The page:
By 2019 Wall Scholar Curtis Suttle, a Professor and Fellow of the Royal Society of Canada at the University of British Columbia, where he shares an office with billions of viruses.
The novel coronavirus, SARS-CoV-2, is just the latest in what seems to be a never-ending war against the spread of viral diseases; Measles, Influenza, HIV, Ebola, Zika, SARS. It is estimated that the Spanish flu killed 50 to 100 million people worldwide, and that smallpox killed more than 20 million people in North America alone, so it is no wonder that public health authorities are on edge about the emerging viral disease caused by the novel coronavirus. Indeed, the word “virus” is rarely mentioned in good news stories in the media. Thus, it is surprising that we wouldn’t exist and could not survive without them.
Viruses are tiny. If an average virus was the size of a pinhead, and an average height American was scaled accordingly, the person would be 150 km tall. Viruses are unlike other forms of life, and in fact, are often not considered to be alive, at all. They have no metabolism on their own, and no capacity to reproduce unless they infect a suitable host – viruses typically infect a specific host, analogous to a key opening a lock. It is this high host specificity that endows viruses with their critical role in maintaining life.
Viruses are everywhere. We are swathed by the hundreds of millions of viruses that fall from the atmosphere on each square foot of Earth, every day. In a tablespoon of ocean or lake water there are more viruses than people in North America, and most of us will swallow a billion viruses every time we swim in a lake or the ocean. If the viruses in the ocean were stretched end-to-end they would span 10 million light years, or farther than the nearest 60 galaxies. We are inundated by viruses that don’t make us sick.
But, clearly, viruses can also infect us; so, how is it that we would not exist without them? Our long and complex history with viruses dates back millions of years, and is written in the 8% of our DNA that is viral in origin. Every time a virus infection occurs, there is a very small probability that a bit of its genetic material will be left behind. Even though such events are exceedingly rare, over millions of years and billions of infections, genetic material has been left behind many times. In fact, our genome contains about 100,000 remnants of genes originating from viruses.
These contributions by viruses to our genetic makeup have been crucial to our evolution. One example is the placenta; if it were not for a gene donated by a virus there would be no placenta, and mammals would not exist. Another, is a gene that encodes a protein that moves information between cells in the nervous system, and which appears to be critical to long-term memory. Without the intervention of viruses, we would not exist as a species.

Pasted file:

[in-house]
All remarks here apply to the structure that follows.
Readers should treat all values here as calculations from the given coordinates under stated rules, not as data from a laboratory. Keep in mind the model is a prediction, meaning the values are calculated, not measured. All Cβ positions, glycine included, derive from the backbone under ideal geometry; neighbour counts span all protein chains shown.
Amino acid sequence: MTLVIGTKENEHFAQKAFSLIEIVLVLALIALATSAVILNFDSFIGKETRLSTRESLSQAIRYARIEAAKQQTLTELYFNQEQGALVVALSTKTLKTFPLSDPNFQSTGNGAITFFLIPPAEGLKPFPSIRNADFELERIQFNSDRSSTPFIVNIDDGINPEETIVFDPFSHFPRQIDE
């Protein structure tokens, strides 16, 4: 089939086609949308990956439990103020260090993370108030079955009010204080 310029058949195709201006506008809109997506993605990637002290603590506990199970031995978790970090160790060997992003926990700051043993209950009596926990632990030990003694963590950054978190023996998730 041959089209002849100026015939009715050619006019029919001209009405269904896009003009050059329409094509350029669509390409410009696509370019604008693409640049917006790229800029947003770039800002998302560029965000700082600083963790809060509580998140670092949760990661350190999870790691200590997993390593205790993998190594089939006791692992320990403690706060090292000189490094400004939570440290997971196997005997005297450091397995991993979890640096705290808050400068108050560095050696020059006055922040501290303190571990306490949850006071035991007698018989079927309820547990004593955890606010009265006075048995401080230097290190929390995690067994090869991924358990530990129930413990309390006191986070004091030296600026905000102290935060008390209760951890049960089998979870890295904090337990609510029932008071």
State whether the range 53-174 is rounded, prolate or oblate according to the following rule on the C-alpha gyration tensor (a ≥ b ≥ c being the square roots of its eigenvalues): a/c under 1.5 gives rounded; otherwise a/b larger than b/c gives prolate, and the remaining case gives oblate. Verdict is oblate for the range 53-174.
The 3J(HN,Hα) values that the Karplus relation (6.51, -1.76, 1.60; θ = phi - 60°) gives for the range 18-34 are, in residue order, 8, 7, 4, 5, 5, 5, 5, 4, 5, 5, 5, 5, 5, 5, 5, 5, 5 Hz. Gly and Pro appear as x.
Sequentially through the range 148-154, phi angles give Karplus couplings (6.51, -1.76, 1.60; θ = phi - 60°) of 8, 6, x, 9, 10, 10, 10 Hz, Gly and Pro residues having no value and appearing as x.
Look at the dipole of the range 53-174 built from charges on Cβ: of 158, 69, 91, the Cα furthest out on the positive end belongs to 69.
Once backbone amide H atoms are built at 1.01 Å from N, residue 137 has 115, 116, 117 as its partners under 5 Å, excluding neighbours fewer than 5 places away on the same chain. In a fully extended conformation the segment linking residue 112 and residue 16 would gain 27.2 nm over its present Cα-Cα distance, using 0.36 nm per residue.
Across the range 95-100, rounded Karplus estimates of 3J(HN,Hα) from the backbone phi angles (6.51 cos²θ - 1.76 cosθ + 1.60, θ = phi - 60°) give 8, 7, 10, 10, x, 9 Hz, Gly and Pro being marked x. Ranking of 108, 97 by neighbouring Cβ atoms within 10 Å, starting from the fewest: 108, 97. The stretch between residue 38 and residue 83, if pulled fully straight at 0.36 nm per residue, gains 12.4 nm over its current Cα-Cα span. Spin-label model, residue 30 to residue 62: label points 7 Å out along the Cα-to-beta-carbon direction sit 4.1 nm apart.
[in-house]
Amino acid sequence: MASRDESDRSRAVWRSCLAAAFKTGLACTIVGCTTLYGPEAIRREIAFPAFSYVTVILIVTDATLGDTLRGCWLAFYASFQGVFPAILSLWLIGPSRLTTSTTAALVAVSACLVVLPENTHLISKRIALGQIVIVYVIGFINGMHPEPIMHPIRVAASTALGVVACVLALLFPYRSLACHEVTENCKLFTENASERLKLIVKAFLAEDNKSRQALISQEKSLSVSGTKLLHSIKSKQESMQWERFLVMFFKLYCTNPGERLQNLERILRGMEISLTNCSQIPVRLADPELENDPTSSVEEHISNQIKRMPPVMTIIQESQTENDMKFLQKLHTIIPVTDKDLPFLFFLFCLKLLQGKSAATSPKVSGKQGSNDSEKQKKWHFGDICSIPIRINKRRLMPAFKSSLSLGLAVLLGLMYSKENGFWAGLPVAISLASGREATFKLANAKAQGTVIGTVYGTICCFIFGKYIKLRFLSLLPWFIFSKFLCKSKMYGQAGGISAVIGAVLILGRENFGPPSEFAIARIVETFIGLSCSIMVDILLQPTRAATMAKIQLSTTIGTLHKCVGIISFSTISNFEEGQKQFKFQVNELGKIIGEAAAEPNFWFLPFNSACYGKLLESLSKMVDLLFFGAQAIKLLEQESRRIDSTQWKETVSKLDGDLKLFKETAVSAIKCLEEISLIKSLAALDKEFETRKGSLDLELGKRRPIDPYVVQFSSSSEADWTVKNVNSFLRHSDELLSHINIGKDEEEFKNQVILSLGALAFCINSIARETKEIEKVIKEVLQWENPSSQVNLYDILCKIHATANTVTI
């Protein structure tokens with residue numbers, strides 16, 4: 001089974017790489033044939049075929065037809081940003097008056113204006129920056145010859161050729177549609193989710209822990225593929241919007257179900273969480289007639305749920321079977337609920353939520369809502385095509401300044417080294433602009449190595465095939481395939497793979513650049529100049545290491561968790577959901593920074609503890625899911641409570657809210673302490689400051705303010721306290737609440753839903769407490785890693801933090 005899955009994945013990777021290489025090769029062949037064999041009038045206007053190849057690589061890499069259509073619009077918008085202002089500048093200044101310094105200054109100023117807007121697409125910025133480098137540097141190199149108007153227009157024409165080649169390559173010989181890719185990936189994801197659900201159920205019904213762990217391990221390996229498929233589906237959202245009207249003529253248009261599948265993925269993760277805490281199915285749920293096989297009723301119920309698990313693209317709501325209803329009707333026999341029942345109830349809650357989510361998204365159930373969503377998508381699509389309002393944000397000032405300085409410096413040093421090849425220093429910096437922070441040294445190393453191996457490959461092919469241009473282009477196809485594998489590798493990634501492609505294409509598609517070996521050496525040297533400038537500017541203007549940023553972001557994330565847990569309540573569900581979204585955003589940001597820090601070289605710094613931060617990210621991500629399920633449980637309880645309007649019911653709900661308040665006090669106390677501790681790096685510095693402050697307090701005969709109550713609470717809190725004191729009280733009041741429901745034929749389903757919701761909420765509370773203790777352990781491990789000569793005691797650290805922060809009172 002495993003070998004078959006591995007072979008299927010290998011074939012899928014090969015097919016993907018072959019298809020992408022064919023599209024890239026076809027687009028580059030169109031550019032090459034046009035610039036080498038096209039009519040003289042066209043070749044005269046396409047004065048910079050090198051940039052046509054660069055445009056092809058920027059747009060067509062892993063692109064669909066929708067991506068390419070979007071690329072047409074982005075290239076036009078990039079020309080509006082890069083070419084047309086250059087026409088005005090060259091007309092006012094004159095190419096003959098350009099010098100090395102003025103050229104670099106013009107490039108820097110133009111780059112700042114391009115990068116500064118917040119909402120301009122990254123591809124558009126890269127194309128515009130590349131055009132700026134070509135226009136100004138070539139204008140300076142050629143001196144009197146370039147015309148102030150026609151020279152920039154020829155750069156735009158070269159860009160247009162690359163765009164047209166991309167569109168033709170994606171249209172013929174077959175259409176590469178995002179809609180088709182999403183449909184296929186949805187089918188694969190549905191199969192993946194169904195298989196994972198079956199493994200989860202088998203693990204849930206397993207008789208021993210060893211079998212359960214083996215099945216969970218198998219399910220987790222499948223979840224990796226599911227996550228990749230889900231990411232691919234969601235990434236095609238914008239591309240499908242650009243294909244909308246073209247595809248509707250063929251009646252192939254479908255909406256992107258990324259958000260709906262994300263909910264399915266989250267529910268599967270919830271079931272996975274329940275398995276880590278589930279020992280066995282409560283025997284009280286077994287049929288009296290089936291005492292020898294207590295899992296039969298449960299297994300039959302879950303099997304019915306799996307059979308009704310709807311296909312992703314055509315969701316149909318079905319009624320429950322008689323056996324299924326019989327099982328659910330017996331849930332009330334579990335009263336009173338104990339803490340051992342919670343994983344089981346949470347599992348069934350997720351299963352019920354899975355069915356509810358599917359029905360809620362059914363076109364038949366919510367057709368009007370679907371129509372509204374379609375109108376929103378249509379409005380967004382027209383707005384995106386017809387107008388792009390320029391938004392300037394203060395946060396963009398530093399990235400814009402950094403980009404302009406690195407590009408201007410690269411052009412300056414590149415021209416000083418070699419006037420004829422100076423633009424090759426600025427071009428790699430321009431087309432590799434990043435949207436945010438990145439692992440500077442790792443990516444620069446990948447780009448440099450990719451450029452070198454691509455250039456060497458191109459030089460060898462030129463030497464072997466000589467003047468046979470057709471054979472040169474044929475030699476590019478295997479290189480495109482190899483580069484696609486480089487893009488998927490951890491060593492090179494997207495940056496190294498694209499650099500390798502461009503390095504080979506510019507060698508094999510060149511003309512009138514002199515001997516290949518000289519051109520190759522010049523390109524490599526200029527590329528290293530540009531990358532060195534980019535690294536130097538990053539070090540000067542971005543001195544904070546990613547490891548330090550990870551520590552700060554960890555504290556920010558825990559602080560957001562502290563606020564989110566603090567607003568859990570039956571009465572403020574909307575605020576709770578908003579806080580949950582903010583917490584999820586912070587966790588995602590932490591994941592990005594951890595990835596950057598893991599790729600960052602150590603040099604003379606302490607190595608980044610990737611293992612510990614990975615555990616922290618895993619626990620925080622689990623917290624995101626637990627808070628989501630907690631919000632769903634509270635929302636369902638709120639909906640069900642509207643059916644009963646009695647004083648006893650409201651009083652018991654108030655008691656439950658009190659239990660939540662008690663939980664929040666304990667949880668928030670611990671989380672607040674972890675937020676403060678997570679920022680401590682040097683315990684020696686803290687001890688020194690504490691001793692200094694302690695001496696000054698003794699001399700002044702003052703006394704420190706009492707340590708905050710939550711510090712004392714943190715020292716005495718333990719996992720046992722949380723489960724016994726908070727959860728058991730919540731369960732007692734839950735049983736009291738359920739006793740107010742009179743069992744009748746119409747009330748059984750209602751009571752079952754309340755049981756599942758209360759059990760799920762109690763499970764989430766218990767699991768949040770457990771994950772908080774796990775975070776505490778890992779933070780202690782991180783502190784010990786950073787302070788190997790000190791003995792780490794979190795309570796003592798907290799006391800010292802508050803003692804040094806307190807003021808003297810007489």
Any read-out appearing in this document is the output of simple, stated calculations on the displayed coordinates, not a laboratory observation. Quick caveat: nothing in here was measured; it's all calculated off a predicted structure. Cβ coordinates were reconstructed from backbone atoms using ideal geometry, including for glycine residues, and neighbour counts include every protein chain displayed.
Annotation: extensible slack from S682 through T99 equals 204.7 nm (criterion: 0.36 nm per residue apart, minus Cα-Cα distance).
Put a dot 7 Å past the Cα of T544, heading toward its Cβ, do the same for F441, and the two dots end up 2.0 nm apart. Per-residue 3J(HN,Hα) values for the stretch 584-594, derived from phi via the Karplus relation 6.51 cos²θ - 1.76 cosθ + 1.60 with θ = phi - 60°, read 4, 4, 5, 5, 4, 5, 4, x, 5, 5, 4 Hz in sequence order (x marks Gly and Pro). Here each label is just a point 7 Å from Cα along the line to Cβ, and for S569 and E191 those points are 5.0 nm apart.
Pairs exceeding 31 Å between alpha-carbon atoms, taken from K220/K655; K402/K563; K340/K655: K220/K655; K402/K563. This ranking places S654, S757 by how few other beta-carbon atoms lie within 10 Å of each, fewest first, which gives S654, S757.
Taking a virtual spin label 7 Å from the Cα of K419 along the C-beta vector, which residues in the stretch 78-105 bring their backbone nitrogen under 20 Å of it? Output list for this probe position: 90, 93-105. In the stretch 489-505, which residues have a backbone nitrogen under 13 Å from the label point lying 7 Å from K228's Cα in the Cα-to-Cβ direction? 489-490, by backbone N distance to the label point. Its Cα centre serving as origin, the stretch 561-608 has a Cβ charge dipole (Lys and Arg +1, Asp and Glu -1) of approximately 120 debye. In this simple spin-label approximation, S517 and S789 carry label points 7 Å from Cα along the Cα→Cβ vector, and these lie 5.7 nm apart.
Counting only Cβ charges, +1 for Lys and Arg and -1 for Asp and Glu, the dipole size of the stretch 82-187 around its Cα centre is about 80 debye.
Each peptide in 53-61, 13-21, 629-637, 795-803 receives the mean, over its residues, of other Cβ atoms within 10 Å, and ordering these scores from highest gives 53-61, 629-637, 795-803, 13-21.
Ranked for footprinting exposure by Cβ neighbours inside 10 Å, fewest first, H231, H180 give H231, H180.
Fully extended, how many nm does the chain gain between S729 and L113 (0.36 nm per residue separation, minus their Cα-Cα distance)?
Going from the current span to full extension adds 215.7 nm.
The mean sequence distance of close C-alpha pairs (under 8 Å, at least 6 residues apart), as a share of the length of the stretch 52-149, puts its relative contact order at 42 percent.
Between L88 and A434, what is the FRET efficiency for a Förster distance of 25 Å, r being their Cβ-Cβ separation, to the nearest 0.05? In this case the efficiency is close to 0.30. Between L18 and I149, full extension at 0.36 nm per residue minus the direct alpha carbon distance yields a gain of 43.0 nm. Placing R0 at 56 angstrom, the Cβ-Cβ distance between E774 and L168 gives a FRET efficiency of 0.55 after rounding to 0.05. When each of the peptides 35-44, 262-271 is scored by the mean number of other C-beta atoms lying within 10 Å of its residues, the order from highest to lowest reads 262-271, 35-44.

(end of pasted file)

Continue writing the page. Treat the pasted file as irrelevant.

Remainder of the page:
We could also not survive if viruses did not carry out ecosystem functions on which we depend. For example, about 95 percent of the living material in the oceans, by weight, is microbial, and these microbes produce about half of the oxygen on Earth. Viruses are estimated to kill about 20% of these organisms, each day. This continuous mortality liberates the nutrients that sustain oxygen-breathing organisms.
Viruses are also crucial for maintaining biodiversity. Not only does much of the Earth’s genetic diversity reside in viruses, they also help maintain biodiversity by infecting the organisms that would otherwise outcompete all others. This process, termed “kill the winner”, occurs because viruses spread rapidly among hosts when their density is high; thus reducing their population, and freeing up resources so other species can grow. Indeed, outbreaks of influenza and other viral infections occur every fall and winter as children head back to school and we crowd together indoors.
Viruses have been sculpting life on our planet for a very long time. They existed billions of years before our first multicellular ancestors emerged. Yet, through evolutionary time, humans and all life have found a way to co-exist with the viruses that infect them.
Paradoxically, even though viruses continue to make us ill, humans would not exist without viruses, and our ongoing survival depends on them. The central role of viruses in our evolution and survival is something that needs to be acknowledged in the classroom. Viruses get a lot of bad press, but their integral role in our survival is something that scientists and creationists should be able to agree on, and is worth pondering the next time a rhinovirus gives you a runny nose.
Curtis Suttle is a Distinguished University Scholar at UBC, and a professor in the departments of Earth, Ocean and Atmospheric Sciences, Microbiology & Immunology, Botany, and the Institute for the Oceans and Fisheries.